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Study: Families who eat together are less stressed

The poll of 1,000 people was carried out by the American Heart Association.

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By Gwyn Wright via SWNS

Families who eat together are less stressed, according to new research.

A survey claims 91 percent of parents notice their relatives are more relaxed when they all regularly sit down and eat as a family.

Chronic stress can raise the risk of a heart attack or stroke later in life but the results of the research suggest a simple family meal could be an easy way of managing it.

Even sharing a meal remotely around a phone or computer if they all have busy schedules still has a positive effect.

Almost two-thirds (65 percent) of us reported being somewhat stressed while more than a quarter (27 percent) said they are extremely stressed.

Researchers say finding time to connect with other people and slowing down were the biggest benefits of a family meal alongside stress reduction.

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Around half of the people were found to eat alone half the time and 84 percent of us wish we could share a meal together more often.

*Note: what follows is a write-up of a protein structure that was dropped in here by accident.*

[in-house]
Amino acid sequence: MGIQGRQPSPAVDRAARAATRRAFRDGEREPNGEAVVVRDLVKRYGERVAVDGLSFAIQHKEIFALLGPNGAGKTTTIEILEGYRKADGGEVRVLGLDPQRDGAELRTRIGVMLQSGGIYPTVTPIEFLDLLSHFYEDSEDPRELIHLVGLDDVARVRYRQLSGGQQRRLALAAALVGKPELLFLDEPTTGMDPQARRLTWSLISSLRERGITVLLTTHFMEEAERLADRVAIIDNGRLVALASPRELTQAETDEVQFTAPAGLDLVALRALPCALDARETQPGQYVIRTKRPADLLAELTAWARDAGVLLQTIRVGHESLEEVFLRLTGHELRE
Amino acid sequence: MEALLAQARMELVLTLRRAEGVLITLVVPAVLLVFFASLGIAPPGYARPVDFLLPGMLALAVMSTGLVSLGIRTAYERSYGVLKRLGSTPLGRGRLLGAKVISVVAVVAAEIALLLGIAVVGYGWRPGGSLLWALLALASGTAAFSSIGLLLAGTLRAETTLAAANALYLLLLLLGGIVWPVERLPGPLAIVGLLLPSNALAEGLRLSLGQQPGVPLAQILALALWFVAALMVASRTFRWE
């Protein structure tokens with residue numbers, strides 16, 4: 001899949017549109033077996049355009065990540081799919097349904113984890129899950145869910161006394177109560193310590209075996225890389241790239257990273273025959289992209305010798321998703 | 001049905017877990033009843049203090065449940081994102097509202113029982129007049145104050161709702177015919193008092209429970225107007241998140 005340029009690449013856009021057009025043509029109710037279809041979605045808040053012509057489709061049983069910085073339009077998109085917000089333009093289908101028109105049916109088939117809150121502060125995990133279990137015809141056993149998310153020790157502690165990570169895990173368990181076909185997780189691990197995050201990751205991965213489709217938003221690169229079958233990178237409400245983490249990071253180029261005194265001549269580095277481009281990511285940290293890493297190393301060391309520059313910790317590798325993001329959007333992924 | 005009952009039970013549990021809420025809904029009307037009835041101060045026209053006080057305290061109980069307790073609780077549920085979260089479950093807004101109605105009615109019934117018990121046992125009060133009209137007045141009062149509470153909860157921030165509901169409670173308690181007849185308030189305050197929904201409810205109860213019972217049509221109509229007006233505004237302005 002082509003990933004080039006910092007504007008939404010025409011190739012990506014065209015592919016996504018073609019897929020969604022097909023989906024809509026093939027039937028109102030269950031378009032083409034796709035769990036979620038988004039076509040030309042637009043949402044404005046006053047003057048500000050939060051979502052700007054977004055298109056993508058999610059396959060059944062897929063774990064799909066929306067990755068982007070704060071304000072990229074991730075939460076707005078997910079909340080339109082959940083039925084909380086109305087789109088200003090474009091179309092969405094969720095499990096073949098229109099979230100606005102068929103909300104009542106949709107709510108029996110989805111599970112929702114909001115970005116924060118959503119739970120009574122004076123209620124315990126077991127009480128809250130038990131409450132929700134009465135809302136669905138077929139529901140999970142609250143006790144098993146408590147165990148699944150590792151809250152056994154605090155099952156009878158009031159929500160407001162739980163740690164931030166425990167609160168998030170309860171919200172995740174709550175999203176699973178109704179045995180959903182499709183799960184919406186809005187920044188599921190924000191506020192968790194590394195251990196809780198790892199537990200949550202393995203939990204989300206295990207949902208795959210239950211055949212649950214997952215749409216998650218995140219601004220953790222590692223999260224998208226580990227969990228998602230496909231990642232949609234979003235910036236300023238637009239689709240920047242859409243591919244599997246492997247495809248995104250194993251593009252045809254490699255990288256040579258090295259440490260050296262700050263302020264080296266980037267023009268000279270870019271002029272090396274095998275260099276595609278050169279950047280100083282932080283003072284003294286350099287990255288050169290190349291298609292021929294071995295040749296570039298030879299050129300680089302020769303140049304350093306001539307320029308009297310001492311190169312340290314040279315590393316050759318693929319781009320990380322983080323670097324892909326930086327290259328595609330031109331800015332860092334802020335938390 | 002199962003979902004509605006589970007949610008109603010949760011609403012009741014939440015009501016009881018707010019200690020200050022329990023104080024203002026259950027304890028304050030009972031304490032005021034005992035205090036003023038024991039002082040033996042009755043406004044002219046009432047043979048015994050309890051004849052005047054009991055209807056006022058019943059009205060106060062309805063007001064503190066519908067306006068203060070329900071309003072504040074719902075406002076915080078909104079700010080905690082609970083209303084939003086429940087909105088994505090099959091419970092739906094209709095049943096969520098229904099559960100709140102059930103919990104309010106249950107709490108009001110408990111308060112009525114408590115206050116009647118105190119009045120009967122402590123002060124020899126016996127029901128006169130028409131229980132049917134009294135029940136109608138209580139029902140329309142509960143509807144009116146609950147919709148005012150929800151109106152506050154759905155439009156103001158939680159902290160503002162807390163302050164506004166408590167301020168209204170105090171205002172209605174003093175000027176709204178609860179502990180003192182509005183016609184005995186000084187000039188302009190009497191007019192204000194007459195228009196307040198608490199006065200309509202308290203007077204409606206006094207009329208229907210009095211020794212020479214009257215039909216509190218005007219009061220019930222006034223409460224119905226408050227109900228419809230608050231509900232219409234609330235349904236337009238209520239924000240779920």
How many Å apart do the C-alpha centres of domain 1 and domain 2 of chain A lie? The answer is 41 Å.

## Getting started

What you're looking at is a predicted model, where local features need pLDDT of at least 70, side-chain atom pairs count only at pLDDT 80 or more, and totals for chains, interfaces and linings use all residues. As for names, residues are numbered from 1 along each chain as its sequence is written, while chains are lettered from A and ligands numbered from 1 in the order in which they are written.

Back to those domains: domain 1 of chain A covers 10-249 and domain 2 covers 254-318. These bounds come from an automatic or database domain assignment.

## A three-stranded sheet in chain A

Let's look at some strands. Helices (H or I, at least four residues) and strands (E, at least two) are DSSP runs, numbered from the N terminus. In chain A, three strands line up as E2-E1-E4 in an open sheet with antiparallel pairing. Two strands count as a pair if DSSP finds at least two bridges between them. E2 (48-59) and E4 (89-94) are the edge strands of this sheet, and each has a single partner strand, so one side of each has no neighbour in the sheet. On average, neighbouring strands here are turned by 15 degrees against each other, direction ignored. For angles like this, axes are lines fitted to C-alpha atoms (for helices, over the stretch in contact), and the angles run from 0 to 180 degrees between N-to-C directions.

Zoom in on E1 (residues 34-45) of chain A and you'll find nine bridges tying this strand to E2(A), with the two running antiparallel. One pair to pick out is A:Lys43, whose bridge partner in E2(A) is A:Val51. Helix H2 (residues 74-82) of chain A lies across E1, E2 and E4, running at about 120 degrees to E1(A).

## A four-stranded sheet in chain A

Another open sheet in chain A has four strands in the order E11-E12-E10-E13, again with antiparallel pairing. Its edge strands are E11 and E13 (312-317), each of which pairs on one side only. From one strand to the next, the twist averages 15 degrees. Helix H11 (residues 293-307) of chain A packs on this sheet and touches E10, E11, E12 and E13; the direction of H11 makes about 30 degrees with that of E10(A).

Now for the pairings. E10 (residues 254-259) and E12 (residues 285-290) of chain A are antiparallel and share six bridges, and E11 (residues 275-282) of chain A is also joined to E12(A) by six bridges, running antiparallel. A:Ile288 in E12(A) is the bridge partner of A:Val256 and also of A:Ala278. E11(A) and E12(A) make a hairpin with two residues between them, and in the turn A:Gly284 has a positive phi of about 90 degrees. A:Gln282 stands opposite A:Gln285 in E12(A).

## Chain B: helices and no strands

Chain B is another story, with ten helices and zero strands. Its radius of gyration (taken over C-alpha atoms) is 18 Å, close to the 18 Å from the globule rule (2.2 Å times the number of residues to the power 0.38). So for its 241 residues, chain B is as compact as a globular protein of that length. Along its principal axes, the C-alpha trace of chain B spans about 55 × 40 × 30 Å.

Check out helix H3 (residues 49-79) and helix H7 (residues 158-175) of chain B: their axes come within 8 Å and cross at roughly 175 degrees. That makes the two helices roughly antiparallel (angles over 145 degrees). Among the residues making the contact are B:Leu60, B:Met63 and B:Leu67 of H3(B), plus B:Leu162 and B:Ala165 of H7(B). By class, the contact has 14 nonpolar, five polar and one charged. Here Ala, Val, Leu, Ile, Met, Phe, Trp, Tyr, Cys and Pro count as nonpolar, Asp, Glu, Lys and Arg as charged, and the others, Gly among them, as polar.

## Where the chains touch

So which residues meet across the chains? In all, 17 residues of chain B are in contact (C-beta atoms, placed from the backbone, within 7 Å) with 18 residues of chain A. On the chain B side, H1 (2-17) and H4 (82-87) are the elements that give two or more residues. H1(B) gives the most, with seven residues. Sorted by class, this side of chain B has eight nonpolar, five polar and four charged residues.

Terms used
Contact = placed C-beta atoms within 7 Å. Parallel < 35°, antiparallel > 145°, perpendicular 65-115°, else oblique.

Just over two-thirds (67 percent) of people said sharing a meal reminded them of the importance of connecting with others while 54 percent said it reminds them to slow down and take a break.

Almost three-fifths (59 percent) of participants said they make healthier food choices when they sit down to eat with others but they often struggle to align their eating schedules with those of their friends and family.

Nearly seven in 10 (69 percent) of workers said they would feel less stressed on the job if they had some time to relax and share a meal with a co-worker.

The poll of 1,000 people was carried out by the American Heart Association (AHA).

family, eating and people concept - happy mother, father and daughter having breakfast at home
(Ground Picture via Shutterstock)

Dr. Erin Michos of the AHA said: “Sharing meals with others is a great way to reduce stress, boost self-esteem and improve social connection, particularly for kids.

“Chronic, constant stress can also increase your lifetime risk of heart disease and stroke, so it is important for people to find ways to reduce and manage stress as much as possible, as soon as possible.

“We know it’s not always as easy as it sounds to get people together at mealtime.

“Like other healthy habits, give yourself permission to start small and build from there.

“Set a goal to gather friends, family or co-workers for one more meal together each week.

“If you can’t get together in person, think about how you can share a meal together over the phone or a computer.”

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